Iraqi Election Results: Shiites Near Majority in Parliament Shiite clerical leader Abdul Aziz al-Hakim narrowly avoided being assassinated as the election results were announced in Iraq on Friday. The Shiite fundamentalist coalition,…
Iraqi Election Results: Shiites Near Majority in Parliament
Shiite clerical leader Abdul Aziz al-Hakim narrowly avoided being assassinated as the election results were announced in Iraq on Friday.
The Shiite fundamentalist coalition, the United Iraqi Alliance, won 128 of 275 seats in parliament. It needs 138 for a simple majority. The Risaliyun or Message Party won 2 seats; it represents the Sadr movement of young Shiite clerical nationalist Muqtada al-Sadr, and has announced that it will vote with the UIA. So for all practical purposes, the UIA has 130 seats, 8 short of a simple majority.
[Revised]: The Kurdistan Alliance has 53 seats. I am informed by Peter Galbraith that the Kurdish Islamists, who gained 5 seats, will vote with the Kurdistan Alliance. Together the religious Shiites and the Kurds therefore have 188. A 2/3s majority of 275 would be 184. By that calculation, the two have the votes to choose a president, who will certainly ask the UIA to form a government and provide the prime minister.
I’m not sure that the UIA can pick up the 8 from the small parties that would give it a semi-permanent majority across issues. The Yazidis, a heterodox religious group, have one seat, and they are afraid of Muslim fundamentalism. The Christians have a seat and they deeply dislike the Shiite religious parties, as well as the Kurds. The Turkmen have one seat. These are presumably Sunni Turkmen and if so they deeply dislike the Kurds and Shiites. Mithal al-Alusi, a Western-style liberal has a seat, and he will avoid the UIA. A small liberal Sunni party of ex-Baathist Mishaan Juburi has three seats and will not ally with the Shiites. The Kurdish Islamists have 5 seats and, being Sunnis, may or may not vote with the Shiite fundamentalists, depending on the specific issue. These 12 seats are the only “independents” in parliament and would only vote with the UIA if they were heavily bribed with enormous perquisites. The only argument for 8 of these to join the Shiites would be that by doing so they would gain some enormous influence far beyond their small numbers in society.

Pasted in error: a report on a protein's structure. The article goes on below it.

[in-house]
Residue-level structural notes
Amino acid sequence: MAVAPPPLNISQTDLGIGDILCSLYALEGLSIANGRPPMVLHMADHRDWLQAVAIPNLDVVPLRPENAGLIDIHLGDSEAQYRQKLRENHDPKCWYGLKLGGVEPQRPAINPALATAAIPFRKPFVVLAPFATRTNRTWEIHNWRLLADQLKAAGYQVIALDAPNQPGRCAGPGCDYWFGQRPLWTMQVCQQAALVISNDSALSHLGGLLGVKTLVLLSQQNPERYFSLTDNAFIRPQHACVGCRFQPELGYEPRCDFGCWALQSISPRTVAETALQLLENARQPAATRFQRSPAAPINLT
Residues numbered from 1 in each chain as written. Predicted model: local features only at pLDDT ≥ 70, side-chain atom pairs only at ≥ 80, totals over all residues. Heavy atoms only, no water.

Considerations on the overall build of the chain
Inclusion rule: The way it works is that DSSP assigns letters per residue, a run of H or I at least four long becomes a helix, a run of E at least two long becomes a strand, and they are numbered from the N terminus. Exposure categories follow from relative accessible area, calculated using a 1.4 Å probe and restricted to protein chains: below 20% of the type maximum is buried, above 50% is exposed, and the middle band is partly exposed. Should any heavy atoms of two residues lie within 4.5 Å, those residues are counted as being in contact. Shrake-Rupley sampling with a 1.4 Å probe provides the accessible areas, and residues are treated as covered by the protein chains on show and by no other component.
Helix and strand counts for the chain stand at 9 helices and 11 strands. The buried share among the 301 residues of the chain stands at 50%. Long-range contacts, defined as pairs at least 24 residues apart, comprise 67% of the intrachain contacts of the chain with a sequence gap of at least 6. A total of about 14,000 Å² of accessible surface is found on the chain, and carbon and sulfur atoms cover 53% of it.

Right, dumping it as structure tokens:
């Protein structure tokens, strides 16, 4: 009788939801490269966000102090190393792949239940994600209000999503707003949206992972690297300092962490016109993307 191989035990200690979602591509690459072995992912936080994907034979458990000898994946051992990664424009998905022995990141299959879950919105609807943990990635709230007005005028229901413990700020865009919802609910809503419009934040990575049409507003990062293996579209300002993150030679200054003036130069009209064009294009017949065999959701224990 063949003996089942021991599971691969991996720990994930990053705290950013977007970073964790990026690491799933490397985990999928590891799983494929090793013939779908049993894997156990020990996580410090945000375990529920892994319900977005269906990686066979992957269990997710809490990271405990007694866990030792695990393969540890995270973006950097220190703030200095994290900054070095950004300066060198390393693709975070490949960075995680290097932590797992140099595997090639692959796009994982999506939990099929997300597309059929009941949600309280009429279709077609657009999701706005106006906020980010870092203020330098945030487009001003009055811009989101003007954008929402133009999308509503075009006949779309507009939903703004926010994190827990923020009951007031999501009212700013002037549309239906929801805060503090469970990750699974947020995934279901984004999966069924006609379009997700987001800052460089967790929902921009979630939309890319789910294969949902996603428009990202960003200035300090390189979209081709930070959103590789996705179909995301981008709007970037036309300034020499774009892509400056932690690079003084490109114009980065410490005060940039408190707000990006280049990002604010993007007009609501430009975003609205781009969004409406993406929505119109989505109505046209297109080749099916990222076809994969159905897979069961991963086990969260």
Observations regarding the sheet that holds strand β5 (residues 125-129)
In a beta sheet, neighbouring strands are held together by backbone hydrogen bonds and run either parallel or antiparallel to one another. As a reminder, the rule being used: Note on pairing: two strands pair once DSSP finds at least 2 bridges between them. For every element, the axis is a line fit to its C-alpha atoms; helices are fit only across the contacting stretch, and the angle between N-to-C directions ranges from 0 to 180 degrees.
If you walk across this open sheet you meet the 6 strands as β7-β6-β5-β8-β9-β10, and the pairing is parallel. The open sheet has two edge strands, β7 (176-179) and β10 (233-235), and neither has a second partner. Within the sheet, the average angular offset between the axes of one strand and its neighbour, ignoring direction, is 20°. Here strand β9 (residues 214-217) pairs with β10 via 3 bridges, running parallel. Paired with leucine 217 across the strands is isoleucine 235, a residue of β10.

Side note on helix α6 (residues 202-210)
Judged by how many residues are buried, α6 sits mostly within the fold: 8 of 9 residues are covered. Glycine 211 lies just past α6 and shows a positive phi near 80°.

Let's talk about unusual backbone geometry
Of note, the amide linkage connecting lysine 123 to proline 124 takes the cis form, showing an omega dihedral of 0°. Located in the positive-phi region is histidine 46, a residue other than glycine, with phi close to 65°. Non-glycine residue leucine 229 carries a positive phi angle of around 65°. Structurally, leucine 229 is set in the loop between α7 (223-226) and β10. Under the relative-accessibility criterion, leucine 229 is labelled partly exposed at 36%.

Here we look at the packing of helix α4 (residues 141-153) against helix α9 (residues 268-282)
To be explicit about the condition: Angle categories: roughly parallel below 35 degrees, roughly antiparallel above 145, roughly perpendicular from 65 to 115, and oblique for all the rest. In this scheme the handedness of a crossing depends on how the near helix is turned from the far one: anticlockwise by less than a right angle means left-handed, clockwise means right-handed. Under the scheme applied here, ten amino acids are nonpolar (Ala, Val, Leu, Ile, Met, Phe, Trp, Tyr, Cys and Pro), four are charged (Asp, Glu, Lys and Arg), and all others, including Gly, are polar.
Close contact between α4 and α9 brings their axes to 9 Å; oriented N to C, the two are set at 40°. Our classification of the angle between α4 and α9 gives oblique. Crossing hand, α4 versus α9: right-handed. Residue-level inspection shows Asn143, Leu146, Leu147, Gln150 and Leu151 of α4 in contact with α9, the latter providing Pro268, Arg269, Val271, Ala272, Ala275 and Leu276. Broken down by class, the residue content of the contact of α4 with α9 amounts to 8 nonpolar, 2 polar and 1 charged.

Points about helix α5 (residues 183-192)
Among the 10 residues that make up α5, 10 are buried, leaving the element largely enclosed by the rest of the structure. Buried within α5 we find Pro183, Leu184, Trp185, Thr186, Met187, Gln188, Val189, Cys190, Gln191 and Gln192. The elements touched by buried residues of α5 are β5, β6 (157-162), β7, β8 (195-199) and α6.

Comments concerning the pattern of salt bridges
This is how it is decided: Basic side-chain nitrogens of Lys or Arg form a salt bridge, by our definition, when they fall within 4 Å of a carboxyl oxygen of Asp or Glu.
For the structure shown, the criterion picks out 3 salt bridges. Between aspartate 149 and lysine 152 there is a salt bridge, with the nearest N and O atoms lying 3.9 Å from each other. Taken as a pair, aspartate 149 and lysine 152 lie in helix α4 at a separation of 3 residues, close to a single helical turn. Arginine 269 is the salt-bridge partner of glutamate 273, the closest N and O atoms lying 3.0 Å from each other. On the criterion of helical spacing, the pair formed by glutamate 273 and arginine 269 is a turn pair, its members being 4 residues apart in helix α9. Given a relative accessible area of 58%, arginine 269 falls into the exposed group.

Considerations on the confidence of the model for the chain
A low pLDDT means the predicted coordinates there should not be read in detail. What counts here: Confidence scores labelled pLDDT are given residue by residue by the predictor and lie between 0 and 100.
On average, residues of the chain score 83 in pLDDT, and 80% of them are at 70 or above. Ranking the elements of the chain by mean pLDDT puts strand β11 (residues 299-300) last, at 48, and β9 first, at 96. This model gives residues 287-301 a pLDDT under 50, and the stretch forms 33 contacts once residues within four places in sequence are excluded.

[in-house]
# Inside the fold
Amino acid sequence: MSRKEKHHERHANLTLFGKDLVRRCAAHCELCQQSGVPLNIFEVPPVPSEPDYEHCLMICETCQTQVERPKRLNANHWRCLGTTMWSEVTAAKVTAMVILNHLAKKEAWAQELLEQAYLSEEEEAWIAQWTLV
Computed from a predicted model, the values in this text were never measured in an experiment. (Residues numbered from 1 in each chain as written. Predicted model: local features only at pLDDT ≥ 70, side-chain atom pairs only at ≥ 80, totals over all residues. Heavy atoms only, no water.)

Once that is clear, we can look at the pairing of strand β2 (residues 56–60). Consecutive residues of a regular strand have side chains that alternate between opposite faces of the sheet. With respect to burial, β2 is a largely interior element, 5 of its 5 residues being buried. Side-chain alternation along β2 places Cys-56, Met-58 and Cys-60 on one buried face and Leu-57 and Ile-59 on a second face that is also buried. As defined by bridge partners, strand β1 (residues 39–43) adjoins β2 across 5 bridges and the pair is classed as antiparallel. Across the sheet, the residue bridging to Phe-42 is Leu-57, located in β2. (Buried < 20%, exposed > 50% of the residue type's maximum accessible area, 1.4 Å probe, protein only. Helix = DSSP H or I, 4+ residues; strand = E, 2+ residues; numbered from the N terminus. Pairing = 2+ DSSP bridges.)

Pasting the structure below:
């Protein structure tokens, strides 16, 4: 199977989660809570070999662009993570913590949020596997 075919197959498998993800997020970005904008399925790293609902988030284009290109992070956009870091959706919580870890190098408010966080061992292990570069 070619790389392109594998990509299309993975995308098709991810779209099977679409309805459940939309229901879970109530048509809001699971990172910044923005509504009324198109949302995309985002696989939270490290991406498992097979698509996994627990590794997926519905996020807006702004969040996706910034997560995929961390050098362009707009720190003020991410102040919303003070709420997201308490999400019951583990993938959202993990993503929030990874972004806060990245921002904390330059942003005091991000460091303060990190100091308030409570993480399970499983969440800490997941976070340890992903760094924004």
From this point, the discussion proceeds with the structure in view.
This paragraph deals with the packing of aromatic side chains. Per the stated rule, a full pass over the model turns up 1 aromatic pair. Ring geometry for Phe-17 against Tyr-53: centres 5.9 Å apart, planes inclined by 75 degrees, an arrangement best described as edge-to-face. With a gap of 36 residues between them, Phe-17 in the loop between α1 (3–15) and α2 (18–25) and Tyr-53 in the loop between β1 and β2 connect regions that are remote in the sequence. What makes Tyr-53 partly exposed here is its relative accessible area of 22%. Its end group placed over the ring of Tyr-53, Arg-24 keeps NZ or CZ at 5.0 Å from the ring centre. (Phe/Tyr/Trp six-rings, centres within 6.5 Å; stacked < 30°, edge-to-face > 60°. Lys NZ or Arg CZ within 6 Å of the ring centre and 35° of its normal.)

Still, as the largest cohesive bloc, the Shiite religious coalition will certainly form the government for the next 4 years and will provide the prime minister. Their victory is a major setback for the Bush administration, which had backed the secular list of Iyad Allawi, al-Iraqiyah. The Iraqiyah’s representation was substantially cut back, to only 25 seats. The Shiite religious parties have warm relations with Tehran and form a new arena for Iranian influence in the Middle East. The Bush administration hope that Allawi or his list members can be shoe-horned into important posts in the new government strikes me as forlorn unless there is American coercion of some sort. They lost, and the spoils go to winners.
The UIA can govern, as Ariel Sharon used to in Israel, however, by putting together an ad hoc parliamentary coalition on each individual issue. Where implementation of Islamic law is the issue, probably the Sunni fundamentalists of the Iraqi Accord Front (44 seats) will vote with the UIA. Where SCIRI supports loose federalism, it can depend on the Kurds’ 58 seats to offset possible defections from the Sadr faction, which favors strong central government.
Al-Hayat [Ar.] argues that this result leads not so much to a national unity government as to a hung parliament or an extremely weak and fragile ruling coalition where the prime minister is always in danger of losing a vote of no confidence.
The same source reports that Ammar al-Hakim, son of Abdul Aziz al-Hakim, objected strongly to the formula used by the electoral commission in the distribution of seats. He said that some small parties which had not actually reached the cut-off for a seat (some 40,000 votes) had been awarded a seat nevertheless, contrary to the practice of the previous election. The UIA clearly feels that its actual majority was stolen from it by the new procedure.
Likewise, the Turkmen argued that they are 11 percent of Kirkuk and have substantial populations in Ninevah province, and it is not possible that they should only have received one seat. (Note that the major Turkmen city of Tal Afar was emptied in the run-up to the elections by an American assault, deeply disadvantaging the Turkmen in this election vis a vis the Kurds). Likewise, the (Sunni) National Accord Front insisted that it had half the votes in Baghdad but that there was election fraud. – al-Zaman.
One question is whether the 58 Sunni Arabs, the 5 Kurdish Islamists and the Sadr faction will combine to pass an early resolution by simple majority demanding an immediate US withdrawal of troops.
Significant Sunni participation in the parliament, with 58 seats altogether, will not affect the guerrilla movement, which rejects the new style of politics. Guerrillas have unleashed grisly bombing campaigns that show no sign of letting up.
(Still traveling. Will try to comment on al-Qaeda developments soon.)